Hi! I have a nightmare that won't go away! After 5 times of trial and error, I finally have my new glasses...problem is, I can't see out of them! The prescription seems to be right, but I have a fishbowl effect in my vision. The glasses have been checked to be sure that they were made correctly and the lab tech says they are. This is my first new pair in 5 years, but the prescription hasn't changed that much.
My old prescription was:
Sphere Cylinder Axis
R -7.50 -3.25 11
L -9.25 -4.75 168
Here is my new one:
Sphere Cylinder Axis
OD -7 -4.50 15
OS -10.25 -6 170
It doesn't look like enough of a difference to make this as miserable as it has become! I've tried wearing the glasses to get used to them, thinking the smaller frames might just take some getting used to! This has not worked! The longest I have managed to keep them on is 4 days, then I can't fight the nausea and motion sickness anymore! I dread getting up in the morning and putting these on! I'm afraid to drive while wearing them, because my vision while turning my head is impaired! Any thoughts would be appreciated, I'd like to have something to run past the optometrist when I return for the sixth time! :) Just wondering, though, could it be the polycarbonate lenses they put in this time? I'm not sure why they used polycarbonate, noone asked me what I wanted, I guess this is just the norm? Thank you so much for taking the time to read all of this!
You may be having difficulty because there is an increase in the astigmatism and the material in the glasses has changed. This may cause a change in the base curve of the lens which may be responsible for the difficulty. I would recommend that you return to your doctor and explain your symptoms.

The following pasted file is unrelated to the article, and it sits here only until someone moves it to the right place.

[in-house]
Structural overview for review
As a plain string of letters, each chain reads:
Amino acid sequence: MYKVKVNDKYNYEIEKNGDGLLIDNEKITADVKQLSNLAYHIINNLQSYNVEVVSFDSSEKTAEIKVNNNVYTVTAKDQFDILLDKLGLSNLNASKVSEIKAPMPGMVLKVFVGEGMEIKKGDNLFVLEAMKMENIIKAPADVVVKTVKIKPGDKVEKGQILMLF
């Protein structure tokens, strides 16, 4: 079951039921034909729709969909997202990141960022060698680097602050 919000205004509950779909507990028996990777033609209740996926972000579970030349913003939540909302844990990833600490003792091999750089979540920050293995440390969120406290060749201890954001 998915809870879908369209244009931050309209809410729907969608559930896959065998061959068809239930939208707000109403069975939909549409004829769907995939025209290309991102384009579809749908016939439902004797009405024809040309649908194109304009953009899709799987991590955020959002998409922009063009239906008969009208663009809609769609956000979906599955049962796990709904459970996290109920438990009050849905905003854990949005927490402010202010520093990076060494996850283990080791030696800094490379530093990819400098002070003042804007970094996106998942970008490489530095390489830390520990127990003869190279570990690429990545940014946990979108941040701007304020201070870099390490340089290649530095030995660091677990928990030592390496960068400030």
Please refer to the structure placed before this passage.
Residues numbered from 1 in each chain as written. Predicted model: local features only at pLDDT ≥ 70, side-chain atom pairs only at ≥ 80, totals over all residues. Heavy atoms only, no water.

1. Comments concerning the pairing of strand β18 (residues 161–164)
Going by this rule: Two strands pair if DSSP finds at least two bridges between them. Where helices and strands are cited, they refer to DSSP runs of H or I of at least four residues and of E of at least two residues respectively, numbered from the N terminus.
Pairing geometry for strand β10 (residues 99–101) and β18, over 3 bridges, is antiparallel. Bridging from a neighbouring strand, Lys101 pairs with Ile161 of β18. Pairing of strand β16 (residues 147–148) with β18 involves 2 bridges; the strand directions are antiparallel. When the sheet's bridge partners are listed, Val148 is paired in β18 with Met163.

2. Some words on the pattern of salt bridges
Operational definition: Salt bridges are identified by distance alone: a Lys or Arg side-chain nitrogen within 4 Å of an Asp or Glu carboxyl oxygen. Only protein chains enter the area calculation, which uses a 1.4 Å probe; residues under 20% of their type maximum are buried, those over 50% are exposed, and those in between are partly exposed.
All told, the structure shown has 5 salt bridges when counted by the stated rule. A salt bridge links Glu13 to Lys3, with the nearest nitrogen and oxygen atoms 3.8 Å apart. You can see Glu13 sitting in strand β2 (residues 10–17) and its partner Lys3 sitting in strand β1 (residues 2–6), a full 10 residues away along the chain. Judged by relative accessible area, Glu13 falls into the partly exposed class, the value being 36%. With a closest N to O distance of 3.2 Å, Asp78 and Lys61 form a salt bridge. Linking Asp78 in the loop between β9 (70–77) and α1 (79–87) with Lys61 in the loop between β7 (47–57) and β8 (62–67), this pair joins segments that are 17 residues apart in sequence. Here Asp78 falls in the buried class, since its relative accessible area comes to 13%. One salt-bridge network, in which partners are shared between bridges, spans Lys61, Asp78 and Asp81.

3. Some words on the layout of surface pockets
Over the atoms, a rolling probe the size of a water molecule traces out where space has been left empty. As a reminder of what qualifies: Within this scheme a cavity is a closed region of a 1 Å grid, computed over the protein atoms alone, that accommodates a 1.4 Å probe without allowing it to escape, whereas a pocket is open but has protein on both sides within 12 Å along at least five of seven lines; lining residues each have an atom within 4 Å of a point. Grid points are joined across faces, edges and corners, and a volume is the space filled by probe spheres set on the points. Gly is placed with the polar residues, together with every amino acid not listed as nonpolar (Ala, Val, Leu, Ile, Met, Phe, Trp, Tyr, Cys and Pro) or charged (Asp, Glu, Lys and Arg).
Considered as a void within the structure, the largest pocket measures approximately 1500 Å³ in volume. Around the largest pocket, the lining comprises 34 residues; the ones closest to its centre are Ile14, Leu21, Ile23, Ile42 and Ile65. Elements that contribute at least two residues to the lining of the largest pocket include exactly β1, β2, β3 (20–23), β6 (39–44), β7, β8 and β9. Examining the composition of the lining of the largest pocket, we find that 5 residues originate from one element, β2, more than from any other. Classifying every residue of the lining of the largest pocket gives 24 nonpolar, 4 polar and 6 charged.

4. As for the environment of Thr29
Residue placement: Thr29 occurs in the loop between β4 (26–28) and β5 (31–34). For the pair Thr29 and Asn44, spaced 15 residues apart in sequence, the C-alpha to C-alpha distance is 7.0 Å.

Sandy T. Feldman, M.D., M.S.
ClearView Eye and Laser Medical Center
San Diego, California
I'm not an eye care professional but I do have a suggestion. Taking into account your astigmatism, there is a significant difference in refractive error between your eyes. This can produce an image size difference when wearing your new glasses--producing the nausea and motion sickness which you described. It is possible to minimize the image size difference by adjusting such factors as the curvature of the lenses, the center thickness, and the vertex distance. You might have to have the glasses remade by someone who knows how to make these adjustments. Good luck.
To add to what I said above, you already had a difference in refractive error between your eyes in your old glasses, but the difference has become greater in the new glasses. The increase probably pushed you over your comfort threshold. (Your left lens produces much more minification than your right lens.) I believe that changes in the lens curvature and the vertex distance could make your glasses more comfortable without changing the prescription.
Tell your optometrist to consult the chapter on anisometropia. Mine says: "To effect a size equalization, increase the magnification for the more myopic eye." This can be accomplished by increasing the curvature of the lens or decreasing the vertex distance. Maybe your best bet would be to convince your optometrist to consult someone at his/her optometry school.
Beth, have you considered switching to contact lenses?
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